Schneiderman defends role in Obama’s mortgage investigation unit

New York /
Feb.February 16, 2012 06:53 PM

Reporters needled New York Attorney General Eric Schneiderman at a Crain’s breakfast forum this morning  where the AG announced his proposal for non-profit reform, saying that his appointment to the joint investigation unit has made it seem like he was “co-opted by the administration,” and would be less aggressive with banks as a result. But the AG defended himself and the administration, saying that the immunities granted for banks in the recently signed mortgage settlement were narrow, and that he intends to pursue the matters he is legally allowed to to the full extent of the law.

President Barack Obama announced the formation of the new taskforce to investigate home loans and mortgage-backed securities fraud in his state of the union address.

Among the suits Schneiderman will be able to pursue under the mortgage deal is the Mortgage Electronic Registry System lawsuit, which his office filed two weeks ago against major banks, alleging “deceptive and fraudulent” practices.

The AG called the alleged MERS abuses “a challenging situation,” that resulted from deregulation “to the point of recklessness,” and added that property law was “absolutely fundamental to our way of life.”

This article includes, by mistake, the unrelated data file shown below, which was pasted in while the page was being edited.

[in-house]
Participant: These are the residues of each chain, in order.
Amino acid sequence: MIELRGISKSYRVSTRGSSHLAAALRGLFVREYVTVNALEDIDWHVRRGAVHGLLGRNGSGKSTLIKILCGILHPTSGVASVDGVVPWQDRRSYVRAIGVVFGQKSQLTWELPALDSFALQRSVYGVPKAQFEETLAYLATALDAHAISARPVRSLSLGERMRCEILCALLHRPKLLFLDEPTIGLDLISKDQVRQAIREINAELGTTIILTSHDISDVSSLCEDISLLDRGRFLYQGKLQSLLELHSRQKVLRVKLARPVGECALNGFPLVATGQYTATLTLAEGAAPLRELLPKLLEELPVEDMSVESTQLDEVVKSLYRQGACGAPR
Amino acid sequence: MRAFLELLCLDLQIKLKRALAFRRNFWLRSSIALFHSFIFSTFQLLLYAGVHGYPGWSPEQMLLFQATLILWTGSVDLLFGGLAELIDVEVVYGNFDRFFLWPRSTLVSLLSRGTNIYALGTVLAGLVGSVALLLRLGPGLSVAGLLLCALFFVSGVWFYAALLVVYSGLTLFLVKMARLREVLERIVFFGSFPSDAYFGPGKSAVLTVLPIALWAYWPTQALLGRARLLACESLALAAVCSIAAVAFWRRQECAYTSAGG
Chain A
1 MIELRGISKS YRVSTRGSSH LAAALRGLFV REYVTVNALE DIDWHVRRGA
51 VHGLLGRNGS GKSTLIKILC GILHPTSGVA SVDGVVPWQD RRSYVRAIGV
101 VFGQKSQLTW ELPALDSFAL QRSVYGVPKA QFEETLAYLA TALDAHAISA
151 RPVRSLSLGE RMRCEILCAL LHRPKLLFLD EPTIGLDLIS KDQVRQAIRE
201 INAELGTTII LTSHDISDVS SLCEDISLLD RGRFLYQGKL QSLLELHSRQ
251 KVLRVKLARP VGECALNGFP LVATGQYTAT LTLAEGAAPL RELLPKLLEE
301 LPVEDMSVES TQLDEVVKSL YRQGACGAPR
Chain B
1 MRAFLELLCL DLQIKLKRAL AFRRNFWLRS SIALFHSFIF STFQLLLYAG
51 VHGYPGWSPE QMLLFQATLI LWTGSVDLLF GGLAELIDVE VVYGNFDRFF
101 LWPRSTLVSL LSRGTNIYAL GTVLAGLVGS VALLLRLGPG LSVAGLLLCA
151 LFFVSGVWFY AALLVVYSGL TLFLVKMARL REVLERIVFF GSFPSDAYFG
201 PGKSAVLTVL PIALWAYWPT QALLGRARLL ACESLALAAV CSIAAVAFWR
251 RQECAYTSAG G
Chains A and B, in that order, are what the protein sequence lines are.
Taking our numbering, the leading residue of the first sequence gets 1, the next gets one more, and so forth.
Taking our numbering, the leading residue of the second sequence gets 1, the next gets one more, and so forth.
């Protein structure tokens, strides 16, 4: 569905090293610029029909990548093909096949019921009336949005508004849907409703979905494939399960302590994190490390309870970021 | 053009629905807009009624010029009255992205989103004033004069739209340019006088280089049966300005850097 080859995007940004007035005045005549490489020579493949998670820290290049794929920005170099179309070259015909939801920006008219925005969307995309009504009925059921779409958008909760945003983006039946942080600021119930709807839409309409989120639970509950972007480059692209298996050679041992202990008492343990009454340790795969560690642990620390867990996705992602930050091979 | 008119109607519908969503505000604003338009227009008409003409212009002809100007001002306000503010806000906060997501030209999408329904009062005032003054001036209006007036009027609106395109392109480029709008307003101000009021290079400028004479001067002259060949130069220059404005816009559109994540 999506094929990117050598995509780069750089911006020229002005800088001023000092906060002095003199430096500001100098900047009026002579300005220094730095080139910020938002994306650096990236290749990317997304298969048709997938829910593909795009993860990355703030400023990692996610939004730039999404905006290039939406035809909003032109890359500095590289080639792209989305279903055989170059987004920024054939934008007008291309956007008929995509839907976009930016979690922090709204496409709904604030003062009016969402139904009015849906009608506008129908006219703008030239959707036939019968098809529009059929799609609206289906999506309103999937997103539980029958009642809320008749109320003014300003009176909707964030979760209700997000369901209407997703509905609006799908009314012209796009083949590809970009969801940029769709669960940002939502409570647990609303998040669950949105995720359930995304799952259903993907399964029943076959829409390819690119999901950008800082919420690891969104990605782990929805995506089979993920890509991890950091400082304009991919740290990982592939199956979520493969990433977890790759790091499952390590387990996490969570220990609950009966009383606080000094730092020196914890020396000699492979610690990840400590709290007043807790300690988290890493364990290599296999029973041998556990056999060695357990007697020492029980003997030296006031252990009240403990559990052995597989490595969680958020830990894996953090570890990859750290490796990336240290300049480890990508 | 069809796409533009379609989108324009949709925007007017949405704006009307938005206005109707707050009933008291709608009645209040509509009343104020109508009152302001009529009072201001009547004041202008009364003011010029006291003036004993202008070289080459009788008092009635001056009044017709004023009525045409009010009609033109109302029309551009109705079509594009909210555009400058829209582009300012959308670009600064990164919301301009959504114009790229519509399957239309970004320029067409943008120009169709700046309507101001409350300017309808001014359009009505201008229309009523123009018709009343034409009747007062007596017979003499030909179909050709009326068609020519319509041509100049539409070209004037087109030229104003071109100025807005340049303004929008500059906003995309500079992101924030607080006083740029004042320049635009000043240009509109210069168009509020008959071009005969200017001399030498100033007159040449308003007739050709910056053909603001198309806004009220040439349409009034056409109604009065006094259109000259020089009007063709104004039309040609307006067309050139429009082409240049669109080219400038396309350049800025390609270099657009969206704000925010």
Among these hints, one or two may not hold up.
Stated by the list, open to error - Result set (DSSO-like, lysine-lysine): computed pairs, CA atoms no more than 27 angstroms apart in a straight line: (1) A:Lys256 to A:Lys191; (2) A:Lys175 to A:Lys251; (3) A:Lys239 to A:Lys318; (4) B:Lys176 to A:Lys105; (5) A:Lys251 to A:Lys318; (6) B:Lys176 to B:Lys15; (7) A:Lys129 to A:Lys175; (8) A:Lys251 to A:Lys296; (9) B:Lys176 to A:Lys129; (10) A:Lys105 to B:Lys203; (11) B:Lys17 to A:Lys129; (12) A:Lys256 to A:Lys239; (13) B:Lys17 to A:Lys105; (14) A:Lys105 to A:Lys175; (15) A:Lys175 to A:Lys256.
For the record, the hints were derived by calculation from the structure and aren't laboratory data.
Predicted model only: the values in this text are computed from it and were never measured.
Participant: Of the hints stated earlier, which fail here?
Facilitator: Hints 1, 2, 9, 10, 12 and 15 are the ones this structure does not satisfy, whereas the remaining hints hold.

He also said that although he and the business community have butted heads in the past, he is an advocate for the private sector. “My role as a regulator is to catch the bad guys,” he quipped, “but also to help the good guys” do business. “Our financial markets are models to the world, and we should keep them that way.”

The breakfast was focused on Schneiderman’s proposed legislative changes, which would make it easier for non-profit organizations to form and operate in New York City, while also tightening oversight. He noted that one out of every five jobs in New York City is in the non-profit sector, which accounted for $200 billion in revenue for the state last year.

The AG also announced a new program, called New York on Board, which is intended to encourage dialogue between the business and non-profit communities, and help business leaders take part in non-profit leadership. He said that the commercial brokerage Cushman & Wakefield had already signed on as a participant.

Cushman & Wakefield could not immediately be reached for comment.


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